Sunlight is good for mental health, and even just taking a step in the back yard or porch every day is much better than staying in the dark indoors. Recently, I moved house, and my new home has a cute porch that I can sit outside on. I tried to do some work outside since that’s healthier, but… the sun is too bright! It’s really difficult to see what’s on the screen when the sun is bright even on overcast days.
As someone who can’t get off the internet for two minutes (hey, my friends are there, can you blame me?) I decided to make a simple shade to chase away the glare. This simple project can be adapted to any size screen, from full laptops to small phones. I made one for my laptop and my tablet, and they work wonders!
For this project, I definitely recommend using foam above anything else. You can make this with cardboard, but other materials will be too heavy for a laptop screen to carry. Cardboard is also quite abrasive, whereas foam is soft and flexible.
What you’ll need:
- 2 a3 sheets of foam
Making the laptop shade
With a ruler or tape measure, measure along the top of your laptop. Add 1cm to your number, and this will be the width of your laptop shade. Take a sheet of foam, and measure the width of your foam (the long side).
Now for a teensy bit of maths, I’m afraid! Since this project will vary depending on your laptop or foam, there is no way to give you an accurate size for your laptop. So, maths it is! What you will need to do is:
Width of foam – Width of laptop shade = Free space around laptop
And then, you need to do the following:
Free space around laptop ÷ 2 = gaps at the side of laptop
Now that you have your final measurement, you can begin to make the laptop shade! Firstly, start from the bottom left corner of your foam. Measure up 10cm, and mark the spot with your pencil. If you are making a smaller one for a mobile or tablet, then you need to measure 2-3cm instead. You will need to cut inwards from this line. Make a cut that is the length of your gap measurement. If any of this is confusing, feel free to use the diagram below! Repeat this on the other side of your foam.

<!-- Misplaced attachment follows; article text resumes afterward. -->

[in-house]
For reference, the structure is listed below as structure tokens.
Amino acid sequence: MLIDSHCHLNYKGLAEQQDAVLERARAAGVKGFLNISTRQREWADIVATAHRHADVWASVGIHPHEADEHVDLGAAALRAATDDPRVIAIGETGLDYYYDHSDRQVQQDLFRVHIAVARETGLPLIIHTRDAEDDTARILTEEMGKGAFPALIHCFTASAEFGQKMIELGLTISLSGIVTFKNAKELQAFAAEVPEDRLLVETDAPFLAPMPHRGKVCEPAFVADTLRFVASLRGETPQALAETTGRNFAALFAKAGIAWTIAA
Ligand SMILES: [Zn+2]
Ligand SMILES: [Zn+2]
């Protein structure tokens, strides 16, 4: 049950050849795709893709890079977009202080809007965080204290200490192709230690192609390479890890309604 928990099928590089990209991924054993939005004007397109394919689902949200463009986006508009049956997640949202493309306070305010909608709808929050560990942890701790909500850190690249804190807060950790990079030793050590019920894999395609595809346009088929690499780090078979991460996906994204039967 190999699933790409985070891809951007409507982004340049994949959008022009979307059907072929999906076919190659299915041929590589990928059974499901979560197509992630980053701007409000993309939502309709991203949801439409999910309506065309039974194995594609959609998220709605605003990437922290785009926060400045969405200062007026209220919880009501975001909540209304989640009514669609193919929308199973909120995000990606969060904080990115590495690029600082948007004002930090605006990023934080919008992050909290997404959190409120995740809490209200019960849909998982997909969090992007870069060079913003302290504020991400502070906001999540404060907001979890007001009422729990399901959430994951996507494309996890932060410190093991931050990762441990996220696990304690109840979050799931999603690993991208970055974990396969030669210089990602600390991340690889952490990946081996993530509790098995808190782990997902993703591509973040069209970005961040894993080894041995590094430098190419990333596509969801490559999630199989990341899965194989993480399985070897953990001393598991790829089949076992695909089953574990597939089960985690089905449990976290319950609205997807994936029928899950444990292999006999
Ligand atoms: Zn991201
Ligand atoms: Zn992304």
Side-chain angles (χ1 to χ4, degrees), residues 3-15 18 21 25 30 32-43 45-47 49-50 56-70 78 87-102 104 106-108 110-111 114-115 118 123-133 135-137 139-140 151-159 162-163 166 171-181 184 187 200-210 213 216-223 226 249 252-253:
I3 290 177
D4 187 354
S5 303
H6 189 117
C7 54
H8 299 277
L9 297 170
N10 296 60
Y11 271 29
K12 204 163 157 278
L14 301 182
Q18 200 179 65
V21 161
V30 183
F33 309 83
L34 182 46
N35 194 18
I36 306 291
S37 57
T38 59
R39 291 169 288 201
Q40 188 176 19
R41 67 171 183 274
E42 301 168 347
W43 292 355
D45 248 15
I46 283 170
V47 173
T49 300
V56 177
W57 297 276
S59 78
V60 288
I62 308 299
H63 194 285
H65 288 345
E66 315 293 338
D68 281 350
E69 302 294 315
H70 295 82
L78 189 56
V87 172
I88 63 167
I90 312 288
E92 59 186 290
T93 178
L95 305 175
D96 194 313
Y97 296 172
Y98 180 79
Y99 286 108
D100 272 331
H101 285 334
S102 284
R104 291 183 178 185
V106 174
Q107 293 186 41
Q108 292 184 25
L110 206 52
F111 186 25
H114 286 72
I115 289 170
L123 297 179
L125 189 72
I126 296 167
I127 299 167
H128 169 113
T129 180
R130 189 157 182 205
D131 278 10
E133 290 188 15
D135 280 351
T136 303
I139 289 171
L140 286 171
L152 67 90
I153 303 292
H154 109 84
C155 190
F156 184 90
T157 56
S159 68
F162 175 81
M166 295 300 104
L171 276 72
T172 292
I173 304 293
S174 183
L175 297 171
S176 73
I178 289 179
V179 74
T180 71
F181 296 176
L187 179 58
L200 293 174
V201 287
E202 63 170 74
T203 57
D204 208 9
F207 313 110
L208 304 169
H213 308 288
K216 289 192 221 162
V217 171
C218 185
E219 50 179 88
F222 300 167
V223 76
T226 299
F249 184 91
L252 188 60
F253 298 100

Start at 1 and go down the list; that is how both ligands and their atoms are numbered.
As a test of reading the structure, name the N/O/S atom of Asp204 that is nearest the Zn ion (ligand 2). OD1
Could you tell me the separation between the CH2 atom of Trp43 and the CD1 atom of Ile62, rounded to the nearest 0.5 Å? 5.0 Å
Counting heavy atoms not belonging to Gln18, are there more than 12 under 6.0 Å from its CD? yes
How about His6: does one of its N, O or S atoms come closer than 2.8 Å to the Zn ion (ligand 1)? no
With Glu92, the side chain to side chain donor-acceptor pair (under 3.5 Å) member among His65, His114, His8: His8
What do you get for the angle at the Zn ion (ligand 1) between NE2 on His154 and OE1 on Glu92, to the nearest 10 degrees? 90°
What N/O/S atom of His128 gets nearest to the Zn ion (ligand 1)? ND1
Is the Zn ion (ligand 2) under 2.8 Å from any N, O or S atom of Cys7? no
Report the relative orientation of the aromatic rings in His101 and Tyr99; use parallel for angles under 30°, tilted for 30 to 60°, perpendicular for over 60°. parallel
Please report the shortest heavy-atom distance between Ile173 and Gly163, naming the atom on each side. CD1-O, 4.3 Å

Next, using the cuts as a guide, fold your foam lengthways along the cuts. Unfold, and then fold in the sides. These folds will form the shape of your laptop shade. After that, take one side and fold along all of the folds again. The cut will form a corner for your laptop shade. Glue the two flaps together, and use something heavy to hold the flaps down while they’re drying. Make sure the glue is completely dry, and then repeat on the other side.
You should have the basic shape of your laptop shade now. However, if you try to fit it on your laptop, it’ll just fall off! You will need to add tabs on the inside to support the shade on your laptop.
To do this, take the second sheet of foam and draw the shape below. Make sure you have plenty of space around it! Next, begin to draw tabs on your support — these will go through the shade to stick them together. They don’t need to be the same size, as long as the shape of them looks like below. Cut it all out.
After that, you’ll need to measure out slits in your shade to pop the tabs through. Make sure to match the slits to the tabs on your support. You can use your ruler to measure it if need be! Cut the slits and pop the tabs through them. You can glue the tabs in place if you want to give your shade a little extra strength.
Optional: If you want to neaten it up, you can add side panels! To do this, measure the sides of your laptop shade. For an a3 sheet of foam, it will be roughly 10cm x 20cm. Draw out a right angle triangle on foam with these measurements. Cut it out, then glue it to one of the sides. Weigh it down until it’s dry. Repeat for the other side, then cut off any excess foam to neaten out the sides!
Your finished laptop shade!
From here, you’re free to decorate your laptop shade however you like! To use it, simply slip it over the top of your laptop. You may need to fiddle with it a bit to get it to sit comfortably, but it’ll help take some of the glare off your laptop when you’re outside in the sun. It may not be perfect, but every little bit is good!
Feel free to experiment with different size shades, or make a mini one for your phone or tablet. Also, don’t forget to give prototyping a go with cardboard! This is definitely a project that can make use of prototypes, so check out my previous post on making prototypes with mental illness. Show me your makes in the comments below, or with the hashtag #ConfoundedDIY on Instagram or Twitter. I hope you enjoy this project and get more time in the sun this spring!